In the 7th century, in 609 AD, the Pantheon was turned into a Christian church. It seems a davatating act of cultural destruction that such a dignified and celebrated monument of ancient Rome was turned into a church by Pope Bonifcace IV and was known as the Basillica di Santa Maria ad Martryes. While it is still known as the Pantheon and not as the church Basillica di Santa Maria ad Martryes, it shows how much of an impact an ancient landmark and its history have had on people in previous times and in today's era.

Its conversion turned out to be its resume for extraordinary survival until today. While other ancient landmarks were vandalized and plundered over the centuries, Pantheon's status as a Christian church protected it from the devours and greed of the time, making it the most celebrated landmark of Rome.

The Pantheon’s oculus

The oculus, which means eye in Latin, is the Pantheon’s most recognizable feature, as the oculus is right at the center of the dome of the Pantheon. In the Middle Ages, the oculus was quite notorious, as it was perceived as the creation for a fleeing demon. The 72-foot-wide oculus, which lets light stream down to the Pantheon, served other purposes as well, one being working as a sundial for showing the gradual changes in the hours of the day and illumination of the portico of the Pantheon.


The legend had it that the occult spirits who had infested the ancient structure were forced to flee by Pope Bonificace IV by the time the Pantheon was declared a Christian church. This story was documented by the medieval chroniclers and was told in the 7th century, at the time of the Pantheons declaration as a church.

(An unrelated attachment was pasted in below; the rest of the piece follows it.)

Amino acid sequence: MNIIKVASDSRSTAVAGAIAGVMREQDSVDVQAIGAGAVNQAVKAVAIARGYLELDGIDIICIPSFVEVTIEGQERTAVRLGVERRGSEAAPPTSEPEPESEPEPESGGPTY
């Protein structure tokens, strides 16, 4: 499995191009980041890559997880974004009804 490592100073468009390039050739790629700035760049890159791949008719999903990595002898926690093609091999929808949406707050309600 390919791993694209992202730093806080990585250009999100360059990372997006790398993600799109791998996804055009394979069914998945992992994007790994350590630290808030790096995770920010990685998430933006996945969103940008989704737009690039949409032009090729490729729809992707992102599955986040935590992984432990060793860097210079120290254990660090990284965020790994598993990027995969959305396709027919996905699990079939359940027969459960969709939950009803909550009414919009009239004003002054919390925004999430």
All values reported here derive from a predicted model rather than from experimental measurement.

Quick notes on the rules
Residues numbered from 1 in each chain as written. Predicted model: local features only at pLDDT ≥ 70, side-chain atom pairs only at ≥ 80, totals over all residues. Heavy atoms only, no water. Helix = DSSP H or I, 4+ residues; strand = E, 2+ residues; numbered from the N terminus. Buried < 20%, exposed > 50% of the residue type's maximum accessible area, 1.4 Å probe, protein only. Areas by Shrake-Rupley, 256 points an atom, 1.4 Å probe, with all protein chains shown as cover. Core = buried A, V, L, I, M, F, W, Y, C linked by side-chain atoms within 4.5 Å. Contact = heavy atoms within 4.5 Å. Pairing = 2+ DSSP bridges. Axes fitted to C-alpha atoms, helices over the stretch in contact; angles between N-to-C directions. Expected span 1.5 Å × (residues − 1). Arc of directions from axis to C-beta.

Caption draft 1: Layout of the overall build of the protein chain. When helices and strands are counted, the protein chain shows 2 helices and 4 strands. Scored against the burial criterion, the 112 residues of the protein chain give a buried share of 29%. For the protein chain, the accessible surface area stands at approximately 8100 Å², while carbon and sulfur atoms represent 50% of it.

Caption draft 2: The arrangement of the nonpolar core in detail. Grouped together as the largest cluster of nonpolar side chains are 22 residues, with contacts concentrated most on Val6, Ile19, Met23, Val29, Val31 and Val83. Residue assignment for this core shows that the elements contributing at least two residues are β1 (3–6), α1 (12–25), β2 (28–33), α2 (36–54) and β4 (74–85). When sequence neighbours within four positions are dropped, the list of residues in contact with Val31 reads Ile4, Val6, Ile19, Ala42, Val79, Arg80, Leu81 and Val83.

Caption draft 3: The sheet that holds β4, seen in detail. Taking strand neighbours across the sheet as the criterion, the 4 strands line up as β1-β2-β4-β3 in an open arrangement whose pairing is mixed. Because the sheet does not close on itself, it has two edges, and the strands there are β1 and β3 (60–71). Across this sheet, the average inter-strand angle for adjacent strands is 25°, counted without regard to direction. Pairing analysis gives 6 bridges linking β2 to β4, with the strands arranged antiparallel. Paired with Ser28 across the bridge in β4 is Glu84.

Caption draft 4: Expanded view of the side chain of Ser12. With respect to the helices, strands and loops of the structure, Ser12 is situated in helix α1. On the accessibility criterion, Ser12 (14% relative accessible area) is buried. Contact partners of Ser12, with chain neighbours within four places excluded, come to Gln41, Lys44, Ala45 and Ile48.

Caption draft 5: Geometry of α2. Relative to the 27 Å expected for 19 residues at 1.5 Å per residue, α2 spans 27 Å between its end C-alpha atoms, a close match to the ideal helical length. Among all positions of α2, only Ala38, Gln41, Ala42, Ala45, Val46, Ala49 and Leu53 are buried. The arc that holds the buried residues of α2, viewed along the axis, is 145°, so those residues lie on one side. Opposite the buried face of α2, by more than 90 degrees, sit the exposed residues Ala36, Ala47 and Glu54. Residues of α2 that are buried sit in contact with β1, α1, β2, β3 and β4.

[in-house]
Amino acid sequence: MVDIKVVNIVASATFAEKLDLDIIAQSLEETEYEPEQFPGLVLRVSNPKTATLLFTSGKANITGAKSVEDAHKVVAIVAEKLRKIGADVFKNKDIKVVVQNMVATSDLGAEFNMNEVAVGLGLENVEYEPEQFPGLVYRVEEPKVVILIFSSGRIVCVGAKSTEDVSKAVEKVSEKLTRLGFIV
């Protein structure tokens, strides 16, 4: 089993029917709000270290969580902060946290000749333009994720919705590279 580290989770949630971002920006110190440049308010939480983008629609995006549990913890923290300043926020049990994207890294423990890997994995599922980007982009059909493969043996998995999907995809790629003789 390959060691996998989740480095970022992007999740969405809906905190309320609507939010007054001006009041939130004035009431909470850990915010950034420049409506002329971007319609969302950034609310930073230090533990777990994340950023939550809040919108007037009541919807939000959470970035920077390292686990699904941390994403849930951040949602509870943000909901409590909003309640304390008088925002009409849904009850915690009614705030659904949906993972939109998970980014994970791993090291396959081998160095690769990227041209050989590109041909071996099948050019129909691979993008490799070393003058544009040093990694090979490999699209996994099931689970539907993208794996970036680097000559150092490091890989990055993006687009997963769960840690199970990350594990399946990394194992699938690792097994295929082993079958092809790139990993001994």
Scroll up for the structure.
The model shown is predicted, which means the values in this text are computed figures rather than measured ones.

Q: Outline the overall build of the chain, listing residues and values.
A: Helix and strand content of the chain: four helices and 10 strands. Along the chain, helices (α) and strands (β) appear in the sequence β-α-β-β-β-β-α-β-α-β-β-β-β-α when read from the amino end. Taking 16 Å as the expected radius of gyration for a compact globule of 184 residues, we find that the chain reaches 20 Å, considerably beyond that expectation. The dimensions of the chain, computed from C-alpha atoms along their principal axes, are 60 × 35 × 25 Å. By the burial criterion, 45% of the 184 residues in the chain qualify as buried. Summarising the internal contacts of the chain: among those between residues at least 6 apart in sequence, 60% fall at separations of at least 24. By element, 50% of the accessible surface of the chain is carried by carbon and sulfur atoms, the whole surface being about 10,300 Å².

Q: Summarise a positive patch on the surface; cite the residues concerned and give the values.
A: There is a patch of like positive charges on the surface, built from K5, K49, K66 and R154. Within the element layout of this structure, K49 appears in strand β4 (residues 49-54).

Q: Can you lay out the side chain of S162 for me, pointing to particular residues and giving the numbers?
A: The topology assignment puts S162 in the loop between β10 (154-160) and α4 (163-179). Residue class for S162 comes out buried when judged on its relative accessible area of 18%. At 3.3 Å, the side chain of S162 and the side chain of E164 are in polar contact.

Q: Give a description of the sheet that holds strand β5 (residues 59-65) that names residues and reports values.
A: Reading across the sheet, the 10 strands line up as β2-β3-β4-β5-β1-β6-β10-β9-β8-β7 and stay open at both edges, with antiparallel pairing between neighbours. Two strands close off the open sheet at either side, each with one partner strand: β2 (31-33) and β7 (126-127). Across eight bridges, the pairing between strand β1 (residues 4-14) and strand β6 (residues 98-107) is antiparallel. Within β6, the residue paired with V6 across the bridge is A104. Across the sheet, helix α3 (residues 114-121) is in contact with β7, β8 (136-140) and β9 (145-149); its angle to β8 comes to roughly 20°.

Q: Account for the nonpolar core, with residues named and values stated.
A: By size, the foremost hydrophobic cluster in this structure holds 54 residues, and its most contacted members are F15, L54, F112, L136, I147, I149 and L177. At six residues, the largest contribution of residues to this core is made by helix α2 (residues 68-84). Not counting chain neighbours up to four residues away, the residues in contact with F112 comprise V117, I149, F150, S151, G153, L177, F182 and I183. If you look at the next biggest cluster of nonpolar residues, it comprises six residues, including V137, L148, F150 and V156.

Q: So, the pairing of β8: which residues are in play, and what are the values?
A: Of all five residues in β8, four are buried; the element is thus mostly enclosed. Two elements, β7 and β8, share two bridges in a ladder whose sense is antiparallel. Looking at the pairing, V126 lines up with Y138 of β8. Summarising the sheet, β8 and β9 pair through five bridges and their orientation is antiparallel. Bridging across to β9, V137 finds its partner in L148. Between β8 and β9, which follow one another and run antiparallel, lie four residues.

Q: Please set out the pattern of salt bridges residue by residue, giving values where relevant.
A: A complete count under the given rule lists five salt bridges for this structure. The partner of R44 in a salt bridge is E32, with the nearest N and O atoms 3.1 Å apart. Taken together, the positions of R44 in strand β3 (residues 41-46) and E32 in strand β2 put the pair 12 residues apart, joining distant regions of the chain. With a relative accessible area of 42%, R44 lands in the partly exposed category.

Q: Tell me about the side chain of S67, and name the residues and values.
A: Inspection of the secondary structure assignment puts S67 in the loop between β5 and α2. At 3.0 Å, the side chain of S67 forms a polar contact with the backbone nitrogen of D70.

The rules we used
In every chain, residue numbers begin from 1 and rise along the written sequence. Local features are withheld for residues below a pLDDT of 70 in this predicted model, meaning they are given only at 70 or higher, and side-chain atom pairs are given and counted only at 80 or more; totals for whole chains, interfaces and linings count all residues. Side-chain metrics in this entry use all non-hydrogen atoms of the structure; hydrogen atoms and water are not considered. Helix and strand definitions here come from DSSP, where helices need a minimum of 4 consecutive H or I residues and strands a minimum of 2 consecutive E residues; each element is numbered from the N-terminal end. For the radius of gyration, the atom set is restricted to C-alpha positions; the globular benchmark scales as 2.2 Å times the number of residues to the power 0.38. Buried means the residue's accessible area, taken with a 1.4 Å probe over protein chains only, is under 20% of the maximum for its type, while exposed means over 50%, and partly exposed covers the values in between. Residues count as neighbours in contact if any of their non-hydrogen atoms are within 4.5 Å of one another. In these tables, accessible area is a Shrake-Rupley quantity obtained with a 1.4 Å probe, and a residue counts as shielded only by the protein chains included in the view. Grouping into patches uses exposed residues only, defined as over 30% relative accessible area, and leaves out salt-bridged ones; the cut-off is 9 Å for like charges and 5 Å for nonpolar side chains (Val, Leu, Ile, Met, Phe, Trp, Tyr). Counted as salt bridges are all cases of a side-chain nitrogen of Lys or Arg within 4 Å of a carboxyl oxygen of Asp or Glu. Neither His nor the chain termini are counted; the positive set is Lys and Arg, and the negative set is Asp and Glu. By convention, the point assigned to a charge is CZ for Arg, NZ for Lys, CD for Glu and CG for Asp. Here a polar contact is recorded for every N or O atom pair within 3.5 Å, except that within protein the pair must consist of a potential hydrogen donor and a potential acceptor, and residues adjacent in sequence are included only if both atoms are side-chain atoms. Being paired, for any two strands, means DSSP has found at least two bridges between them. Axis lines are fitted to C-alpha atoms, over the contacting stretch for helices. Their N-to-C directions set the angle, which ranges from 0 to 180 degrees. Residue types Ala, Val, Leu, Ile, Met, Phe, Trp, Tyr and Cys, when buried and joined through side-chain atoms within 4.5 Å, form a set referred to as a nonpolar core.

A burial for kings and artists 


The Pantheon is an exposed gem by many and later turned into a church, making it a pretty sacred place for a burial for important individuals in history. Vittorio Emmanuele II, who was appointed as the first Italian monarch, is the most notable of all the personalities resting at the Pantheon. The magnificent monument of the king is matched by that of his successor, Umberto I, who is buried next to his wife, Queen Margarritta. The Pantheon is a resting place for other royalties as well. Here you will witness the tomb of the prince of painters, Raphael, who died untimely at the age of 37. The Pantheon audio guide will inform you about the resting place of Baldasser Peruzzi, whose work of art on Villa Farnesina next to Raphael is an absolute treat to the eye and one of the greatest Renaissance delights in Rome.

The Pantheon and the rose petals


Every May, thousands of rose petals are released from the oculus of the Pantheon, as May marks the Christian feast of Pentecost, making the event one of the most anticipated times of the year on Rome’s cultural calendar. The petals released from the oculas flutter and twirl in the air before landing on the floor of the church. These rose petals represent the descendents of the holy spirits upon Christ’s apostle following his death. Regardless of what an individual's religious beliefs are, witnessing such a glorious event once a year is what "larger than life" experiences mean.

Pantheon audio guide to the rescue

Explore Rome and it’s architectural gems and get to know the landmark you are visiting for a better understanding of the area for full tourist experience. Making the most out of your visit in Rome, fine dinning at the authentic restaurants serving food that hits your tasetbud at the right spot with Vox City's Pantheon audio guide embark a journey like never before.